Looking more as though it belongs under the sea than it does in Mexico City stands an enigmatic residence that mirrors what we’ve come to call the “living fossil”. The Nautilus House was spawned from the mind of Arquitectura Orgánica architect Javier Senosiain. Senosiain has been working in organic architecture–the seamless blending of human habitation with the natural world–for some time, drawing much inspiration from the design work of Gaudí and Frank Lloyd Wright.
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It was almost utopian: an architectural form with a vocabulary all its own, including its moniker—Googie. Named after the Los Angeles coffee shop, Googies, and designed by architect John Lautner in the late 1940s, the style expressed society’s burgeoning fascination with space flight as well as its recent understanding of the Atomic Age and its power.
Unfortunately for us architecture buffs, many of the Googie-style buildings have been demolished over the years, including its namesake coffeehouse, which succumbed to new development in 1989.
You’d never guess it given its present day opulence, but the Miss Universe Pageant actually came from rather humble beginnings. Once a simple 1950s swimsuit contest in California, the larger than life Miss Universe event has evolved into a spectacular worldwide institution, most notable in its costume contest.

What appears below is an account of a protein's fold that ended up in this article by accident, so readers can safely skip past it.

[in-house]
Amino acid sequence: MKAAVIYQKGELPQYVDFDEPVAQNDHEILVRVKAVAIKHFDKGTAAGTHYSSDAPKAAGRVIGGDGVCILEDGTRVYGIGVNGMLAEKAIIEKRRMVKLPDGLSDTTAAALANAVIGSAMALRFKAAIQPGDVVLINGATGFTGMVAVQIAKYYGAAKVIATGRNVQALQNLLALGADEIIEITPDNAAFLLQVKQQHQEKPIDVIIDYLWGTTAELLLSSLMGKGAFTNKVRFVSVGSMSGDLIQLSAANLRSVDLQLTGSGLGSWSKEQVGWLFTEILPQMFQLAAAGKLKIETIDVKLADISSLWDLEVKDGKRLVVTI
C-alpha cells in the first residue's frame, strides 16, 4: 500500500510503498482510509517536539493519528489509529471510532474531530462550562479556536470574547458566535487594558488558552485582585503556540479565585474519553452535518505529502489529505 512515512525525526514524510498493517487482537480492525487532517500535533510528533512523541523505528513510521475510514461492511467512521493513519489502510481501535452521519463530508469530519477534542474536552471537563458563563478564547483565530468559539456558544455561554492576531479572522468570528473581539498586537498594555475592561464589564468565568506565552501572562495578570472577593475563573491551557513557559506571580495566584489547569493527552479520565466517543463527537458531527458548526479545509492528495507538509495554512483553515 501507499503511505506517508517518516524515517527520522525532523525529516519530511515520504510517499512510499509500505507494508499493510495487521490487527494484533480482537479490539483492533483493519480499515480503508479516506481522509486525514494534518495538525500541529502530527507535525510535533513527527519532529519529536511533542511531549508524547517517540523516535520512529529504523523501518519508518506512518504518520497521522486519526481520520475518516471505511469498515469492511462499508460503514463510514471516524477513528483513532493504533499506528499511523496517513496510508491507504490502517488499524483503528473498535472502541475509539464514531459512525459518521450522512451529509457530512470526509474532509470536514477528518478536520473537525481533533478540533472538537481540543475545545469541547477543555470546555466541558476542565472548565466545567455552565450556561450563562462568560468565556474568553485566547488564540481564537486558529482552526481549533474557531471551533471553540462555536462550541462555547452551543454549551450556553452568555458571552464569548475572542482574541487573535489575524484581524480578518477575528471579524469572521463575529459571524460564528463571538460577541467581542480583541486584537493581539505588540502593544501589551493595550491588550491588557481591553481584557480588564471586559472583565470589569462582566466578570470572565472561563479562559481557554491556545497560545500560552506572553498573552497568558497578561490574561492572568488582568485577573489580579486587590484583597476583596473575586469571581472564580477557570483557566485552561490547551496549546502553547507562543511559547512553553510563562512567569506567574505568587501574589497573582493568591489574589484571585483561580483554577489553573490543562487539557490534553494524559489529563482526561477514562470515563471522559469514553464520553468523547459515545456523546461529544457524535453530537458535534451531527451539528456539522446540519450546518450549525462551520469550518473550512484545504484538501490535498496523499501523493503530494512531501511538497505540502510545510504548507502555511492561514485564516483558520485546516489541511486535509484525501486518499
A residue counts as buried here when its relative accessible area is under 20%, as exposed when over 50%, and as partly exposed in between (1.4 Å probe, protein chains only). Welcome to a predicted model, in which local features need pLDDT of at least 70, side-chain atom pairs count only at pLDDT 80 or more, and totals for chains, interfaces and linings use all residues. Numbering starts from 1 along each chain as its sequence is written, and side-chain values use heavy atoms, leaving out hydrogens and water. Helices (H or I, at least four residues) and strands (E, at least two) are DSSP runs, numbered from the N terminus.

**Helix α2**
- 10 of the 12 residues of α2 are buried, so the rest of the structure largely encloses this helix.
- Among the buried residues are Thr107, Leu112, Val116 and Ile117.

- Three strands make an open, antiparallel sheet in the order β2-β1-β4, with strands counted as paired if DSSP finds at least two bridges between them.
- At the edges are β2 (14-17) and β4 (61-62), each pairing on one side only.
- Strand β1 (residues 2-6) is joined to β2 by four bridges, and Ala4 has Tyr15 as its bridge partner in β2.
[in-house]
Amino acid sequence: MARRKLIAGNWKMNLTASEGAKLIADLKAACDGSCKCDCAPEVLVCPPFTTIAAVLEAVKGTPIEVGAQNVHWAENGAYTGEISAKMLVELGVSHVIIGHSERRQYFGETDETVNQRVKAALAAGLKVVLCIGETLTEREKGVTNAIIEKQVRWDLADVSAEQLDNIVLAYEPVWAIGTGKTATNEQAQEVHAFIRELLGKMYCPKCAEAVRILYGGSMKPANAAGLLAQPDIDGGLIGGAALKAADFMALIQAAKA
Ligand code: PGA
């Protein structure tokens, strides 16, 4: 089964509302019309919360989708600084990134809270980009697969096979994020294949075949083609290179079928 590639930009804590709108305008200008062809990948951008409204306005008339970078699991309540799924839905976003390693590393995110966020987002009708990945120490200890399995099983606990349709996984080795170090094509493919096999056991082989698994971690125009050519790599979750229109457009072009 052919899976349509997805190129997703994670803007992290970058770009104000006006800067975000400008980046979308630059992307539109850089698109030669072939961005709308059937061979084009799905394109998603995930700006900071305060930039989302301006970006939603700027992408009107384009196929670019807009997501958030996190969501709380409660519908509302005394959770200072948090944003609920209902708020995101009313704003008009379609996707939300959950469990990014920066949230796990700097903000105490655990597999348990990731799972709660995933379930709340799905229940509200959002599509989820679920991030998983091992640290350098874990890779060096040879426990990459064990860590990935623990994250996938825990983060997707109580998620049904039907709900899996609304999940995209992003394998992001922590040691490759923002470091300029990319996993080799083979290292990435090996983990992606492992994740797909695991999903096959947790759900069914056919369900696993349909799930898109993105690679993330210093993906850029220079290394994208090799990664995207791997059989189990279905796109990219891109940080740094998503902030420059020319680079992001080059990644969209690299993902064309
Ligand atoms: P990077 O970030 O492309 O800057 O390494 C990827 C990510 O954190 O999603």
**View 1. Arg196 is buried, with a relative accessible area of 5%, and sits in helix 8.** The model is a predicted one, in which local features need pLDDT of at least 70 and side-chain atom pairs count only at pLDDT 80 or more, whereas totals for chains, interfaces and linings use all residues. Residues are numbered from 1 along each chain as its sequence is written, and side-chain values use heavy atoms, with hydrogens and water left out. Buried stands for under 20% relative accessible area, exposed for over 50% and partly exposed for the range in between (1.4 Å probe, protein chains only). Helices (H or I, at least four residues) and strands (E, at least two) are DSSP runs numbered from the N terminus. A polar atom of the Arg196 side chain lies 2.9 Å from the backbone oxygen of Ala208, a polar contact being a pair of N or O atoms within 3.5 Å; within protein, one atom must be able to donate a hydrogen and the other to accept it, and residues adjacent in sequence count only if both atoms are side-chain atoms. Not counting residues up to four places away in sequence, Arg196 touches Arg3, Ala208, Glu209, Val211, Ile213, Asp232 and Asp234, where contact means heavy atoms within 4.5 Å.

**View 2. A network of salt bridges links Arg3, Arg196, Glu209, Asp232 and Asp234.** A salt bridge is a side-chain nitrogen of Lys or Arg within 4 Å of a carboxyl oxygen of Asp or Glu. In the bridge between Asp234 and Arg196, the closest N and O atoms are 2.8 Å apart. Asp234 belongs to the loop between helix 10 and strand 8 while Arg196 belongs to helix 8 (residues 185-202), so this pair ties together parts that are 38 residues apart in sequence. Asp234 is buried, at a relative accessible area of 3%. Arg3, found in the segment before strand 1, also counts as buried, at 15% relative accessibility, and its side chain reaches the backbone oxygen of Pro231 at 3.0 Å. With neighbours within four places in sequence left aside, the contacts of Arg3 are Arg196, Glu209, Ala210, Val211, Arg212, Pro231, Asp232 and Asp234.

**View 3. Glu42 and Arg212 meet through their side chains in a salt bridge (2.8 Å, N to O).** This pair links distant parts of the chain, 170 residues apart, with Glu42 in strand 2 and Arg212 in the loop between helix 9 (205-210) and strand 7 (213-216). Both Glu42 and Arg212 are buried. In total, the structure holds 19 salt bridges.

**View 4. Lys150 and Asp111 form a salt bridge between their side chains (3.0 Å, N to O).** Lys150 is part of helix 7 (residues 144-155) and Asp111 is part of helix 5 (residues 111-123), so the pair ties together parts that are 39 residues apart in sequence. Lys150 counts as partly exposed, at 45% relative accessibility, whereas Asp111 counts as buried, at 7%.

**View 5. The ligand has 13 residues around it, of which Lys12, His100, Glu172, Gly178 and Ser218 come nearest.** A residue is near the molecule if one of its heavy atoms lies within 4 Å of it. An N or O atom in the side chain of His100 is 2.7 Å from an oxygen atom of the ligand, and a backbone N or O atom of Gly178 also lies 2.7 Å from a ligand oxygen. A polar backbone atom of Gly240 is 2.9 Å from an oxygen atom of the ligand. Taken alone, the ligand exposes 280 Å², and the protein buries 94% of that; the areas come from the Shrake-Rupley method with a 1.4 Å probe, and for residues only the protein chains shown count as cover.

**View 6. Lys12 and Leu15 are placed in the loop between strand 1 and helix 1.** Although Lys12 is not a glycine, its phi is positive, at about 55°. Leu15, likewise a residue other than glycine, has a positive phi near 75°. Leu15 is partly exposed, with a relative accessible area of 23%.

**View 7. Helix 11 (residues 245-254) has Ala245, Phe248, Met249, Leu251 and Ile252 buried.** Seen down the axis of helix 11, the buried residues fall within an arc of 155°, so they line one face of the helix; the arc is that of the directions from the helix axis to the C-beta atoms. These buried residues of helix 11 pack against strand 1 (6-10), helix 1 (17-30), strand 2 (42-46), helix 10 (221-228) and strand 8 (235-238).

A clear nod to Optimus Prime in her costume choice, the Internet welcomed this year’s American contender, Erin Brady, with open arms. The very designers who create the many glitzy ensembles for the annual Victoria’s Secret fashion show crafted Brady’s futuristic study on decadence. Of all the lively designs on display during the contest, the following Miss Universe costumes definitely take the word intricate to a whole new level.
From the author: “Composed of mirror, LED lighting, custom built electronic equipment and Arduino programming amalgamated with a preexisting structure, this architectural intervention, at first, seems alien in context to the bleak landscape. Upon further viewing, Lucid Stead imposes a delirious, almost spiritual experience. Like the enveloping vista that changes hue as time passes, Lucid Stead transforms. In daylight the 70 year old homesteader shack, that serves as the armature of the piece, reflects and refracts the surrounding terrain like a mirage or an hallucination. As the sun tucks behind the mountains, slowly shifting, geometric color fields emerge until they hover in the desolate darkness. This transformation also adapts personal perception, realigning one’s sensory priorities. A heightened awareness of solitude and the measured pace of the environment is realized.”
New York City is famous for its large population of people who live in tiny, borderline microscopic apartments. How small, you ask? Try 78 square feet, which is the size of an apartment occupied by a man named Luke, who submitted his ultra-small abode into a contest hosted by apartmenttherapy.com. Needless to say, he won the contest. Before Luke spoke up, the smallest New York apartment on record was occupied by Felice Cohen, who boasted a 90 square foot living space.
It’s no secret that climate change is on the rise. Many years down the road, long after the polar ice caps have really started to melt and there’s less viable land available for living purposes, mankind will likely turn to the seas for alternatives. But one design studio nestled in the heart of the Netherlands has already begun its mission to create aquatic urban architecture that utilizes liquid as a solid foundation.